The Gruhlkey brothers – Brittan, 24, Braden 25, and Cameron 20 – worked with NRCS through the Ogallala Aquifer Initiative to adopt better equipment and techniques to manage their water use. USDA photo.
The tales of young, tech-savvy entrepreneurs launching new ventures out of Silicon Valley are common. But what about three 20-something brothers who live – not in some high tech mecca – but near the small community of Wildorado, Texas, who started a new business venture?
The Gruhlkey brothers – Brittan, 24, Braden, 25, and Cameron, 20 – are farming cotton, corn, sorghum and wheat while showing how technology plays an important role in farming. The average age of Texas farmers is nearly 60 years old, making their enterprise a unique one and they’re doing this amid huge challenges, including an ongoing drought and a growing demand for water. Read more »
More than 1,500 inner-city youth from Houston Independent School District gather over a week-long period at Jones State Forest – Children’s Forest each year to participate in the annual Exploring Houston’s Backyard. The Bosque Móvil-Forest Mobile is one tool the U.S. Forest Service’s Latino Legacy program uses to provide learning experience around Texas.
Roughly a decade ago, Tamberly Conway impulsively agreed to leave Key West, Fla., with a friend to serve as crew members on a 47-foot sailboat with a captain they barely knew. But somewhere between Key West and Guatemala, she began reevaluating her decision.
They got off the boat in Guatemala and spent the next year absorbing the Latino culture and Spanish language. She turned that unexpected experience into helping the U.S. Forest Service reach out to the Latino community. Along with her multiple degrees in natural resources, Conway connects Latinos to the natural world around them through such programs as Latino Legacy. Read more »
Nurse Jennifer Witting stands beside newly installed telemedicine equipment at the Aspirus Keweenaw Hospital in Laurium, MI in June 2012. The Aspirus Health Foundation, Inc. received two Distance Learning and Telemedicine (DLT) grants through the U.S. Department of Agriculture’s (USDA) Rural Development (RD) DLT Program, that enabled Aspirus to grow their Telehealth infrastructure into communities in north-central Wisconsin and the western Upper Peninsula of Michigan. USDA photo.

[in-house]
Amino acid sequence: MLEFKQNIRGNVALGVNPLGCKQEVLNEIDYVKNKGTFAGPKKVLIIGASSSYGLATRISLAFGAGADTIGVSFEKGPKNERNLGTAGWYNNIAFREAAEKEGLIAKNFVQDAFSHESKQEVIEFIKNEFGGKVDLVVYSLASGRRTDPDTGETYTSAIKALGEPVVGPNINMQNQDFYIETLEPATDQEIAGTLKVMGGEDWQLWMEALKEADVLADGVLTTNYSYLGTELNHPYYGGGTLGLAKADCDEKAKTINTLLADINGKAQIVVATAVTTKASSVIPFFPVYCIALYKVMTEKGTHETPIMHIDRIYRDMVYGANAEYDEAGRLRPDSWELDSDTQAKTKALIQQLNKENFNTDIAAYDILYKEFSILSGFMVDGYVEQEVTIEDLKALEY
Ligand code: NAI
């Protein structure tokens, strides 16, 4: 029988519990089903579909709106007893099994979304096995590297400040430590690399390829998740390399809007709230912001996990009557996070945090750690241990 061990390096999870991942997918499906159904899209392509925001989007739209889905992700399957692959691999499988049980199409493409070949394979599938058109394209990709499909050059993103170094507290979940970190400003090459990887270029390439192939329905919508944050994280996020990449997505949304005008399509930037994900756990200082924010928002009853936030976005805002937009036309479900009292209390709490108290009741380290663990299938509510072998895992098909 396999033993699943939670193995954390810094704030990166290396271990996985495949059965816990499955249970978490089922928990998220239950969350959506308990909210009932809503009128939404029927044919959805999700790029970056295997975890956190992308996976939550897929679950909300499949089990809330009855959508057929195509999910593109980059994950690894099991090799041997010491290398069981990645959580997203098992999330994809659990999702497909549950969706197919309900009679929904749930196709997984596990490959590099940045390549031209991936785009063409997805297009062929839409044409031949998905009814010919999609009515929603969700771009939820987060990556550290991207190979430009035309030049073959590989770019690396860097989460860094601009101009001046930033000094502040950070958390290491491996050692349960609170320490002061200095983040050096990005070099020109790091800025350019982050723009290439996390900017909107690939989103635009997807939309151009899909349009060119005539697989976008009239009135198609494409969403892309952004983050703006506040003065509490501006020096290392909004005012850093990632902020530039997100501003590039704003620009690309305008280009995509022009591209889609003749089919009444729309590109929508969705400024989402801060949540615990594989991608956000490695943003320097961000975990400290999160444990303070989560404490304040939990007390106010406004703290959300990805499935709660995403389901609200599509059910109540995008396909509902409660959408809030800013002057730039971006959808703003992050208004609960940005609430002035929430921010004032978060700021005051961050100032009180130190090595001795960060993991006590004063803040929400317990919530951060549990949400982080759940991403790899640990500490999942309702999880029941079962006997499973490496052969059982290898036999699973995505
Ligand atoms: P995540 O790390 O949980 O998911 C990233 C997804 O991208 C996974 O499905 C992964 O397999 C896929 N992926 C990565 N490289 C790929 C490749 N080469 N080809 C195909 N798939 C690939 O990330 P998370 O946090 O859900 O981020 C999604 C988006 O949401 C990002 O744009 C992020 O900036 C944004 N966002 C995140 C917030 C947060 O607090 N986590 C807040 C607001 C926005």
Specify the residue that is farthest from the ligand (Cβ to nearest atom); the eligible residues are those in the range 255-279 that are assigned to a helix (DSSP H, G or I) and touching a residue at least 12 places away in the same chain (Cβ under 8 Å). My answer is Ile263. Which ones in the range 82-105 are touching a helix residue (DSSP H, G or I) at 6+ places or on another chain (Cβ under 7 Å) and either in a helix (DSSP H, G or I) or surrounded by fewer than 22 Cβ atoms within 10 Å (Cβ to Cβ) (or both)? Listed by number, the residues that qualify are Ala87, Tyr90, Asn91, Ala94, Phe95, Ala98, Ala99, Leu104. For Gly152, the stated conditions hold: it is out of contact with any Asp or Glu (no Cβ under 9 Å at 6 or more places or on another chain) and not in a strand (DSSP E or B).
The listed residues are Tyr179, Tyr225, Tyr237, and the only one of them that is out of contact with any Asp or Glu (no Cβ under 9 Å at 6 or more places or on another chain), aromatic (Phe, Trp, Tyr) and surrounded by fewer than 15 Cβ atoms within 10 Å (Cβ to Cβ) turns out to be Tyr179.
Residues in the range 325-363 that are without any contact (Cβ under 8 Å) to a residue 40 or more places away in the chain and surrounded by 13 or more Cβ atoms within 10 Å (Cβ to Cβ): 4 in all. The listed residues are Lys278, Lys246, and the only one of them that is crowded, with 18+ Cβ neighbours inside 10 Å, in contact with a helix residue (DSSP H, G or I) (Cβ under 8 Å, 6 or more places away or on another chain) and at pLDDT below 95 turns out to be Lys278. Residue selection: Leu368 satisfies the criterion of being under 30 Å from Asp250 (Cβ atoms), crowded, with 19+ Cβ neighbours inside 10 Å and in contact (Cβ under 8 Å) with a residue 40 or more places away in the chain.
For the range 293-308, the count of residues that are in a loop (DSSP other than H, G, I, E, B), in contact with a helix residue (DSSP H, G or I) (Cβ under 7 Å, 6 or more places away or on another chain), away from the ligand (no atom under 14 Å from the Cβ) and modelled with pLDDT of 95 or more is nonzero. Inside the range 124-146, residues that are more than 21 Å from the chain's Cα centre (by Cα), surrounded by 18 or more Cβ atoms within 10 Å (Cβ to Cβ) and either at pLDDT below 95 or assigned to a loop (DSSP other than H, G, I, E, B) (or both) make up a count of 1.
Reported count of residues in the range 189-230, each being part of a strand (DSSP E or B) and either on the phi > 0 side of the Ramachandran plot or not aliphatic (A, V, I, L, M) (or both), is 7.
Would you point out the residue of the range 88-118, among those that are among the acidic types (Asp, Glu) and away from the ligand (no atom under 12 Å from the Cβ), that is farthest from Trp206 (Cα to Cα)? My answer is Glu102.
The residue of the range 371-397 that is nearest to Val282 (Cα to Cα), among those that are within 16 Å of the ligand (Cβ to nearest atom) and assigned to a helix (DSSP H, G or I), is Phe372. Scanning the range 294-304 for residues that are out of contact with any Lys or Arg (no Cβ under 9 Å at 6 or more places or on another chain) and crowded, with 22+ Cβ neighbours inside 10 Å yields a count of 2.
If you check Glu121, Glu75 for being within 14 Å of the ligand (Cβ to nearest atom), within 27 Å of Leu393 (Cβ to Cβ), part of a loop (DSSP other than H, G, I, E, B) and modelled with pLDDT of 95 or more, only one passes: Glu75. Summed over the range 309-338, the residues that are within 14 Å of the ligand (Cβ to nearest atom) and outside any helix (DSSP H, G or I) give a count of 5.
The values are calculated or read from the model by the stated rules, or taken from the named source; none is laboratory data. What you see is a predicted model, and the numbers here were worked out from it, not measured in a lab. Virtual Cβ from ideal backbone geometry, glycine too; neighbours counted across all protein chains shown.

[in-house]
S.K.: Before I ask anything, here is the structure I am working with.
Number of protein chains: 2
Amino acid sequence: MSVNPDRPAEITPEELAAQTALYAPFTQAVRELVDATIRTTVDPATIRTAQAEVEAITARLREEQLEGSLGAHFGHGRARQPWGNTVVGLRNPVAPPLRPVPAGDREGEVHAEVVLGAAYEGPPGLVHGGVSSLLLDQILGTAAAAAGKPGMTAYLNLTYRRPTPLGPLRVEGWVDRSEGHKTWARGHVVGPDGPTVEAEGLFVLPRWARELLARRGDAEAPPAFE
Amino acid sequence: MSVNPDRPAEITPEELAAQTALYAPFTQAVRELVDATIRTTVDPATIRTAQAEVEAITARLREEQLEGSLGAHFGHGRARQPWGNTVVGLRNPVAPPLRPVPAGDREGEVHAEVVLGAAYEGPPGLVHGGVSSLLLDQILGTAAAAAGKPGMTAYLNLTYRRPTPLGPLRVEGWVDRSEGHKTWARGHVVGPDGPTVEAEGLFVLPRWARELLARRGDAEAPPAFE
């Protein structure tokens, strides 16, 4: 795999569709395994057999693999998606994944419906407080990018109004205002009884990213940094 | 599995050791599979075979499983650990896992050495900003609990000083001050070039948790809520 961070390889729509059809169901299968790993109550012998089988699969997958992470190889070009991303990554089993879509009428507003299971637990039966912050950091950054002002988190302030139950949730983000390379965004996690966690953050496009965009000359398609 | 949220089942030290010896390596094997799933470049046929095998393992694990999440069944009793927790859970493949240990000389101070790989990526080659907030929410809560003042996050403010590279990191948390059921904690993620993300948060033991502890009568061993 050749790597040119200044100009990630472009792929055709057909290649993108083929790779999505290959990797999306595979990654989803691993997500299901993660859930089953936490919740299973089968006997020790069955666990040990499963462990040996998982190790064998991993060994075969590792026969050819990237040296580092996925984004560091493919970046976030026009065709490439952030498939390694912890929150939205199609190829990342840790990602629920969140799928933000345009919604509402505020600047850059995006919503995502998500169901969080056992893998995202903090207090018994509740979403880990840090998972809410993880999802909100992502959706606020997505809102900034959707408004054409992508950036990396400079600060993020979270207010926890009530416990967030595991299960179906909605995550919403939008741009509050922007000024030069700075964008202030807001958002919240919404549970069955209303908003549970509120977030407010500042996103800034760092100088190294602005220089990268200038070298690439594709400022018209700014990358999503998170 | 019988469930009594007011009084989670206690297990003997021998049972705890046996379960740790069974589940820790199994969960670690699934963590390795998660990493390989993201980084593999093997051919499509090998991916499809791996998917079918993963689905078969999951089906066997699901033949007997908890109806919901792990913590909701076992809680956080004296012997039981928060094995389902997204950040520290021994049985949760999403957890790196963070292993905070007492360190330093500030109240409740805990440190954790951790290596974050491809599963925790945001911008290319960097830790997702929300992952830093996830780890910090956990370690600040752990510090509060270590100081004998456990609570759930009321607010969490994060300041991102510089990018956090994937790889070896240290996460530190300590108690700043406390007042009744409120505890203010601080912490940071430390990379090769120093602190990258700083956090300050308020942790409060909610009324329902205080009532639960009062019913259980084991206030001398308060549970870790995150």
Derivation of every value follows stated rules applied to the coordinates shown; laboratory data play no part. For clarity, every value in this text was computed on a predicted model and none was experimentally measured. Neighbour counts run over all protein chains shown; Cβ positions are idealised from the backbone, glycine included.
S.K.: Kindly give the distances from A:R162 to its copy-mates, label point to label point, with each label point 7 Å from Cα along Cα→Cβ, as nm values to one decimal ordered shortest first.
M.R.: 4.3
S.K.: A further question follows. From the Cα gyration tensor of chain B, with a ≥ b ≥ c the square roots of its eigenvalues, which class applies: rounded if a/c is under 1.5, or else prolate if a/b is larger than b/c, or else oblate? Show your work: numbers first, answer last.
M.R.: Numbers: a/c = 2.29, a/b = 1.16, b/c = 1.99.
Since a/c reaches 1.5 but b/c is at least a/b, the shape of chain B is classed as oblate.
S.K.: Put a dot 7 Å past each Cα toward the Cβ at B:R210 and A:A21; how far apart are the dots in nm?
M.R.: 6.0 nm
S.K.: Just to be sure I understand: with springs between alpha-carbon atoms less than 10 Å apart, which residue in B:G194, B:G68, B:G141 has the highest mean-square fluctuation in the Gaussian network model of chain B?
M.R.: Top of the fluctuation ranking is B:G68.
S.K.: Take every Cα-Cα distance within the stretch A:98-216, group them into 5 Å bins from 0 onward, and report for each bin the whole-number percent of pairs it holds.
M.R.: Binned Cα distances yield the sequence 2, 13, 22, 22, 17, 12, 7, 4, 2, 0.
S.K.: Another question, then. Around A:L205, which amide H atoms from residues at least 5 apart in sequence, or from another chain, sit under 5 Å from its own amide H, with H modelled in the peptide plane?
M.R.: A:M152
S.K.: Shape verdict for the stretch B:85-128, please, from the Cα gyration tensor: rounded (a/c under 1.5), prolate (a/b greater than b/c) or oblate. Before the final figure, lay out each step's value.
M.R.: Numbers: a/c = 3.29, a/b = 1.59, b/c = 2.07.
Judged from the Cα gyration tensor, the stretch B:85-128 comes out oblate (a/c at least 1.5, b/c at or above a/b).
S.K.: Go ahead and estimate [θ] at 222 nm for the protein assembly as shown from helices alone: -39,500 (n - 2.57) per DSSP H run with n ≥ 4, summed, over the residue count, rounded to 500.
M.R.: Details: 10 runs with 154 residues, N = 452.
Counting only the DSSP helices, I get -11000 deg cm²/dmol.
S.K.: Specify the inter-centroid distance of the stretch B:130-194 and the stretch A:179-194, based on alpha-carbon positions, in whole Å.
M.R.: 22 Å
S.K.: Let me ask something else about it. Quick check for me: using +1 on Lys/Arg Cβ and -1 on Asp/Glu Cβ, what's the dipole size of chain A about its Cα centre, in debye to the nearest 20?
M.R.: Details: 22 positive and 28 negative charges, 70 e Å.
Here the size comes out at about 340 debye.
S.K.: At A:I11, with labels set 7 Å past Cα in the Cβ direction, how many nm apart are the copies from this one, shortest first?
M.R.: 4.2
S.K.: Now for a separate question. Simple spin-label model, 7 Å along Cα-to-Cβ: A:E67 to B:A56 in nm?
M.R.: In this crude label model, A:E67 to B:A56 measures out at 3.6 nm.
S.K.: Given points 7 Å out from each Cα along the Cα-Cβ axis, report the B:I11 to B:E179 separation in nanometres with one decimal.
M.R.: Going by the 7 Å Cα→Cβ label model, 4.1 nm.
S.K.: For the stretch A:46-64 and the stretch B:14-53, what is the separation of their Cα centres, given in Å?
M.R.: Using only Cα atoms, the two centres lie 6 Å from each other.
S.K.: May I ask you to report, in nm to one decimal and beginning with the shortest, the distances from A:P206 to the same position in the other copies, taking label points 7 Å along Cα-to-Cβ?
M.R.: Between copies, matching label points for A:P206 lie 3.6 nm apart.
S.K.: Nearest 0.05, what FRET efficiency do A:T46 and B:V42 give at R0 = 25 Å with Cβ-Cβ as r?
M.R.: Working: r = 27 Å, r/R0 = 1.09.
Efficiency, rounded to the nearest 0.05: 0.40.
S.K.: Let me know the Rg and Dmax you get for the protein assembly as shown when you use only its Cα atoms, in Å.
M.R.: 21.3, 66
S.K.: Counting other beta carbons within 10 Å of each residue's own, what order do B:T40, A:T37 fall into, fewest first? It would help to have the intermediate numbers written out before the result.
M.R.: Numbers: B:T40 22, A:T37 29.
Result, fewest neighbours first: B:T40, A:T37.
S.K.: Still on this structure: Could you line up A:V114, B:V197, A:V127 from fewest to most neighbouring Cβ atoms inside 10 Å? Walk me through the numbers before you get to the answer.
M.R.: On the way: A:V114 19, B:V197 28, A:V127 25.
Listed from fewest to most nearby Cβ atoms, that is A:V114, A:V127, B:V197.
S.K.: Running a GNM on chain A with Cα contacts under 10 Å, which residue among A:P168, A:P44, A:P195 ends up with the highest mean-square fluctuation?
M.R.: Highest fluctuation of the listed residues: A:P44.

This week at USDA we are celebrating National Health IT week by highlighting USDA’s ongoing efforts to expand modern health care access to rural America. Yesterday, we announced two new steps to improve health care for rural Americans – both through new investments in health infrastructure and ongoing interagency partnerships designed to better focus Federal efforts on rural health care.
USDA is expanding a partnership with HHS and the Department of Veterans Affairs, as part of our work together on the White House Rural Council, to leverage funds and other efforts that will support advanced health care technology in rural hospitals. This partnership is an extension of a successful pilot launched in five states – Illinois, Iowa, Kansas, Mississippi and Texas – to identify rural critical access hospitals in persistent poverty areas in need of advanced health care technology. For example, during the pilot phase of this partnership, the USDA Rural Development Iowa State Office, the Iowa Regional Health IT Extension Center (REC) and the Iowa State Office of Rural Health convened the first Iowa Rural Health IT Forum to expand care for Critical Access Hospitals. Read more »
A surreal blend of colors harkens at winter yet provides peaceful warmth to fall on the Nez Perce National Forest in Idaho. While some may feel fall colors signals the end of summer, others see it as the beginning of the rebirth of spring. (U.S. Forest Service)
What to see, when to see it, and where to see it is what the U.S. Forest Service 2013 Fall Colors web pages are all about — making the colors of fall that much easier to find, appreciate and understand.
The glorious colors that come with autumn across our nation should not be missed. From New Hampshire to Arkansas and from Alaska to Virginia, and nearly every state in between, the changing shades of leaves from green to brilliant reds, vibrant oranges and golden yellows is a must see. Read more »
When the sign-up window opened for USDA Natural Resource Conservation Service’s Conservation Stewardship Program (CSP) in 2012, the five-member NRCS Alpine Resource Team was ready. The team is responsible for more than nine million acres of the Trans-Pecos region of Texas, and protecting the region’s natural resources comes first.
CSP is a voluntary conservation program that encourages producers who are already participating in NRCS conservation programs to take their efforts to the next level. Participants address resource concerns in a comprehensive manner with financial and technical assistance from NRCS—not only by tackling new practices, but also by maintaining, improving and managing the existing conservation measures on their operation. The program, begun in 2009, was still fairly new in 2012. Read more »
FSIS Consumer Safety Inspectors (CSIs) Anthony Carson, Rick Toot, and Rosalinda Curb are just a few of the exemplary FSIS employees who work hard every day to protect public health and ensure the humane treatment of livestock presented for slaughter.
Anthony Carson, a CSI in the Dallas district, contributes greatly to enforcing humane handling policy at the cull cattle plant where he works.
The oldest son of a small-town veterinarian, Carson has worked with cattle for as long as he can remember. Carson’s father has been his greatest influence. “Dad gave me that love of animal husbandry, instilled in me a strong work ethic, and showed me the importance of constant self-improvement.” Read more »